On Thursday, the Trump administration announced it would be removing the gray wolf from the list protected by the Endangered Species Act of 1973. The wolves once faced extinction in the United States as a result of trapping, hunting and the destruction of their habitats and have been protected for more than 45 years.
The Endangered Species Act was signed into law in 1973 by President Richard Nixon and has been credited with saving the California condor, grizzly bear, norther gray wolf and more. The law has since increased to include the protection of more than 1,600 plan and animal species – thanks to this 99% of the ones placed on the list have not gone extinct.
In 1995, federal officials reintroduced gray wolves to central Idaho and Yellowstone National Park. Today, state wildlife agencies manage wolf populations in Montana, Idaho and Wyoming, and hunting of the species is permitted.
According to NPR, the once nearly extinct wolves during the mid-20th century, have now increased to a population over 6,000 and are largely clustered in the Northern Rocky Mountains and the Western Great Lakes region.
In 2013, the Obama administration proposed to delist gray wolves claiming the animals were no longer at risk of extinction and should be managed by state and tribal governments. Earlier the wolves were removed from the protection list by both a Democrat and Republican senator in Montana and Idaho after having been pressed by sportsmen groups and farmers who claim the predatory animals were killing their livestock. And in Wyoming, the wolves have been delisted and relisted as lawsuits continue.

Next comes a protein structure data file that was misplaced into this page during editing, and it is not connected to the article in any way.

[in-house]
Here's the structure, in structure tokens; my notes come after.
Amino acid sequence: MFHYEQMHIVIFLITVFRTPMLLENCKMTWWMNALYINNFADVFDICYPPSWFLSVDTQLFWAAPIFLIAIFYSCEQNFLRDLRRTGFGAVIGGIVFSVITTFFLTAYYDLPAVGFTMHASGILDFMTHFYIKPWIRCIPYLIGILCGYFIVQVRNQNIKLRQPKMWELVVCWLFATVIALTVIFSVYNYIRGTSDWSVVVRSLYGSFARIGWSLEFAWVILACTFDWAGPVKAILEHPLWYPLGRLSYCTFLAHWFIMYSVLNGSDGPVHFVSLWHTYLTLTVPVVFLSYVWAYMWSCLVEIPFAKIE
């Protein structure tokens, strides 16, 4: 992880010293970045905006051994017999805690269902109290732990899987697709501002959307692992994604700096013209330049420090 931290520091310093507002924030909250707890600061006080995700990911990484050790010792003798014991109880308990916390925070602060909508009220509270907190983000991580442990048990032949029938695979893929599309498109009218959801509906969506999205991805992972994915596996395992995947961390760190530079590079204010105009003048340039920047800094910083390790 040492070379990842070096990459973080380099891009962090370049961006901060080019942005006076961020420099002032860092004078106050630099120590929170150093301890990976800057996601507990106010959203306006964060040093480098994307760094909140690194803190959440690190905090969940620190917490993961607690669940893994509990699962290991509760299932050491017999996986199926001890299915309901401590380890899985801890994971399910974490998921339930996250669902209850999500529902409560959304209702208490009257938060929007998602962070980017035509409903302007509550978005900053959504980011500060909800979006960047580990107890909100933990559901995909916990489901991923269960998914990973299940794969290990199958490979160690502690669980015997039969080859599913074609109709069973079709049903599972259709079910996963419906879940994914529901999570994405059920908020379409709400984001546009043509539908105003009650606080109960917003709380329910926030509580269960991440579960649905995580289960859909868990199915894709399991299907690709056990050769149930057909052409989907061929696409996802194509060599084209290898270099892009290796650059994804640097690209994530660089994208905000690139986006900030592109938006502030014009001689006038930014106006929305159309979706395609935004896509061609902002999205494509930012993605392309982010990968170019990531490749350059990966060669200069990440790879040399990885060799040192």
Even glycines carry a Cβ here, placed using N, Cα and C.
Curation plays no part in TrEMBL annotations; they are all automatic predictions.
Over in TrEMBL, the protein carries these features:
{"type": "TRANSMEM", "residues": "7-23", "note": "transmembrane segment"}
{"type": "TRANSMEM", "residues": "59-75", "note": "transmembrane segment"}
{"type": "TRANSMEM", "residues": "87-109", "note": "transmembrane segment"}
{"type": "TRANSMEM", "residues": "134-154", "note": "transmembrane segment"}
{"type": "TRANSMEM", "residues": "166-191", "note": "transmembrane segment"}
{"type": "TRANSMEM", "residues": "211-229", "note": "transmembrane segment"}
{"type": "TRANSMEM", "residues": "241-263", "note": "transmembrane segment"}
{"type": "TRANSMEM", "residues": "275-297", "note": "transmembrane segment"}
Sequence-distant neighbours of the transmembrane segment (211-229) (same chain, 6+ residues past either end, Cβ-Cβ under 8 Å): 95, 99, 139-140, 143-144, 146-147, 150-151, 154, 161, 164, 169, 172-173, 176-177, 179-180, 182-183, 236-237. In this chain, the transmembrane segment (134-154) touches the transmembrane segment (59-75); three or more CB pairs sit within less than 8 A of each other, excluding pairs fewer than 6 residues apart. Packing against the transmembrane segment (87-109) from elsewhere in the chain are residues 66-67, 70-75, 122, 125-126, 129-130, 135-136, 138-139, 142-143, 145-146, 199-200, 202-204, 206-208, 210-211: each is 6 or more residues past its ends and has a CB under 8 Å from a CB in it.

Scientists and conservationists have stated the move would jeopardize the recovery of the species, however U.S. Interior Secretary David Bernhardt stated the decision to remove the protections had been based on a “successful recovery” according to scientific and commercial data.
The decision exempts Mexican gray wolves found in Arizona and New Mexico.
The Trump administration has been attempting to return the management of wild animals and protected wilderness back to the states while other lawmakers continue to weaken the Endangered Species Act which has included 15 species having been removed from the lists.
Both the Center for Biological Diversity and the Defenders of Wildlife have plans to sue the administration calling the move “premature and reckless.” Peer-reviewed commissions by the Fish and Wildlife Service in 2019 found the proposal to remove the wolves from their protected status misrepresented the species’ progress.